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June 2012, Week 2

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Cyberweapons: Bold steps in a digital darkness?
By R. Scott Kemp
Bulletin of the Atomic Scientists
7 June 2012
http://thebulletin.org/web-edition/op-eds/cyberweapons-bold-steps-digital-darkness

Article Highlights

    The United States rushed into the nuclear age eager
    to cement its technical superiority, disregarding
    warnings of key statesmen and scientists that a
    decades-long nuclear arms race would ensue. Before
    they go too far, policymakers should consider the
    implications -- both intended and unintended -- of
    cyberweapons.

    Though Israel and the United States may have vast
    resources to support sophisticated and creative
    cyberweapons programs, it is worth remembering that
    such advantage could be its disadvantage: Each new
    cyberattack becomes a template for other nations --
    or sub-national actors -- looking for ideas.

    As nations begin to develop cyberwarfare
    organizations, they run the risk of creating
    bureaucratic entities, which will protect offensive
    cyber capabilities that simultaneously subject their
    own publics to cyber vulnerabilities. Since the
    United States has the most to lose in this area, the
    safe approach is to direct cyber research at purely
    defensive applications.

In 1945, the United States organized a committee to
investigate whether nuclear weapons should become a
central military technology, or whether to abjure the
weapons and, through self-restraint, avoid a costly and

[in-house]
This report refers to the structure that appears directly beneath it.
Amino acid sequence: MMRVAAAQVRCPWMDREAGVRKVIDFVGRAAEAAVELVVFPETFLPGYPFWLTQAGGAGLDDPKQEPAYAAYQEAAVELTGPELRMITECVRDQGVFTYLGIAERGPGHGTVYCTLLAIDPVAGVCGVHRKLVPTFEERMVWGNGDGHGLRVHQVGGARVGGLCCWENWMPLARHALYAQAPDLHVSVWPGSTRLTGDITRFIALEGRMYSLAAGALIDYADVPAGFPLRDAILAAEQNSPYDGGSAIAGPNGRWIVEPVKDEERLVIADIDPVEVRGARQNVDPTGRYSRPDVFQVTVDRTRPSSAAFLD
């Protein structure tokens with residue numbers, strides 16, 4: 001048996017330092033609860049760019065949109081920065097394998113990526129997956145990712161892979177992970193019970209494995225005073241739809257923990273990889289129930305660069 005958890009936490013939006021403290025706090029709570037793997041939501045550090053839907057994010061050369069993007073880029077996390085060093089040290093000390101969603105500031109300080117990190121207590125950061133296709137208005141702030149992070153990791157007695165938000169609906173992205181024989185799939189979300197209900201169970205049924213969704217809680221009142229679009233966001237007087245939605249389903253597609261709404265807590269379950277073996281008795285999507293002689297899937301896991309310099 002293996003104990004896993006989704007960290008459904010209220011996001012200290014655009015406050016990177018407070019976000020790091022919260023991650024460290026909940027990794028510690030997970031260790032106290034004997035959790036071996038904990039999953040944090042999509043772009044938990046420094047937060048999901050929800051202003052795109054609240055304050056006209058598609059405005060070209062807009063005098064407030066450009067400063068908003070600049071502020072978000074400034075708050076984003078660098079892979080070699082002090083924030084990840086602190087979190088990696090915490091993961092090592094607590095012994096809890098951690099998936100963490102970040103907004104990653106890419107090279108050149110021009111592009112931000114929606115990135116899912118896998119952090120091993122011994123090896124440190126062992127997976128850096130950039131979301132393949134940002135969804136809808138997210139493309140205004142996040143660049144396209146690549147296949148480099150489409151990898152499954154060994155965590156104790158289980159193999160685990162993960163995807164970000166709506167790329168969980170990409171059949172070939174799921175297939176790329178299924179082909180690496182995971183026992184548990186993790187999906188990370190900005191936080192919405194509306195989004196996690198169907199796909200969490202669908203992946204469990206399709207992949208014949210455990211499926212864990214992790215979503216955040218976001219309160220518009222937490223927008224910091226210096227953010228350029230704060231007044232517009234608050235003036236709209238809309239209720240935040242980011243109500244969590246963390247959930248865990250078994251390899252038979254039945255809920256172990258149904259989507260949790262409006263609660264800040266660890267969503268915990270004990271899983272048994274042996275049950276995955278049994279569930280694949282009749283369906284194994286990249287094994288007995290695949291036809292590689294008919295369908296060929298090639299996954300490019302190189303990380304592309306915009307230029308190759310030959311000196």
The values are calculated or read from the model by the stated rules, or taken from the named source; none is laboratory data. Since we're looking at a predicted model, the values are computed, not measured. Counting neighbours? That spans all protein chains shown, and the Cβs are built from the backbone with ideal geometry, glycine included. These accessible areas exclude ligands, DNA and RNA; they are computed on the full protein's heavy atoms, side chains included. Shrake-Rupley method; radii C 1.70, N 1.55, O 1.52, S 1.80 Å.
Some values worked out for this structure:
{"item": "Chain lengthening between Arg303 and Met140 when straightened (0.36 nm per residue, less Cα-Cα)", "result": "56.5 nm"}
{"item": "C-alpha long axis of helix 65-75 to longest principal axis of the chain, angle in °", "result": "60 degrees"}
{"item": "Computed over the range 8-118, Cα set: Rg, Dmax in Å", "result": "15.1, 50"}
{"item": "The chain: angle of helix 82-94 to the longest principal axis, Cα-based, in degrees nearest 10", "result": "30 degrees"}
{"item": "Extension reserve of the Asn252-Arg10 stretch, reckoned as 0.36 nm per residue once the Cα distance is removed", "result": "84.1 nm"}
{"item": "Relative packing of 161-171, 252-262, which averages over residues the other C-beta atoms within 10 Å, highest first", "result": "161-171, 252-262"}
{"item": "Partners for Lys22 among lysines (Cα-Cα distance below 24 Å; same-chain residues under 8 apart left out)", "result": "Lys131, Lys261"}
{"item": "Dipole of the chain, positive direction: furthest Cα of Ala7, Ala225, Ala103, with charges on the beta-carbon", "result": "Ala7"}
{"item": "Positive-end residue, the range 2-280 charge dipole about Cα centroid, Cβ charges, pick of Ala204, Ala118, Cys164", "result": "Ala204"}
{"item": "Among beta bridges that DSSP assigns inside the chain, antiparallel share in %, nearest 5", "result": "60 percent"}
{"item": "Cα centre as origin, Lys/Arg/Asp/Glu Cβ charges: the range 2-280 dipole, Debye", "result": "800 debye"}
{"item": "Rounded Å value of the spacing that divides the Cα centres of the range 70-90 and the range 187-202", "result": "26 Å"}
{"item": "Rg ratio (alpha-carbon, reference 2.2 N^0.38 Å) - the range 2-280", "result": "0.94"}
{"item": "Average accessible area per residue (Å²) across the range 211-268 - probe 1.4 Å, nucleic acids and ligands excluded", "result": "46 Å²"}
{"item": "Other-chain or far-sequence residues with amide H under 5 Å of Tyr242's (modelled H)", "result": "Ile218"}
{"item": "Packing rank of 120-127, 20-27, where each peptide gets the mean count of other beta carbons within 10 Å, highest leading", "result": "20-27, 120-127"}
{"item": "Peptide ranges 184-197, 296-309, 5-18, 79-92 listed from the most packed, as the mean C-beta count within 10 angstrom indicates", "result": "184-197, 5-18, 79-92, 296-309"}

potentially deadly nuclear arms race. Led by
Undersecretary of State Dean Acheson and Chairman of the
Tennessee Valley Authority David Lilienthal, the
committee produced the eponymous Acheson-Lilienthal
Report, which, after it failed to gather reasonable
support, marked a turning point in the Cold War and
signaled the beginning of the nuclear arms race. Almost
70 years later, we find ourselves at a similar juncture
with cyberwarfare. Cyber weapons do not appear to be
capable of mass destruction in the way nuclear weapons
clearly are, but they hold at risk some of the most
precious assets of our time: the information storage and
control mechanisms on which modern society has been
built. It is not difficult to imagine catastrophic
scenarios such as the destruction of a banking sector,
the elimination of a stock market, the flooding of a
dam, or the poisoning of a water supply -- all initiated
by malfunctions induced by malicious software. The
United States rushed into the nuclear age eager to
cement its technical superiority, causing a decades-long
nuclear arms race that threatened global extinction.
Before policymakers go too far, they should now take a
moment to consider the implications -- both intended and
unintended -- of cyberweapons.

While digital spying has taken place for decades, the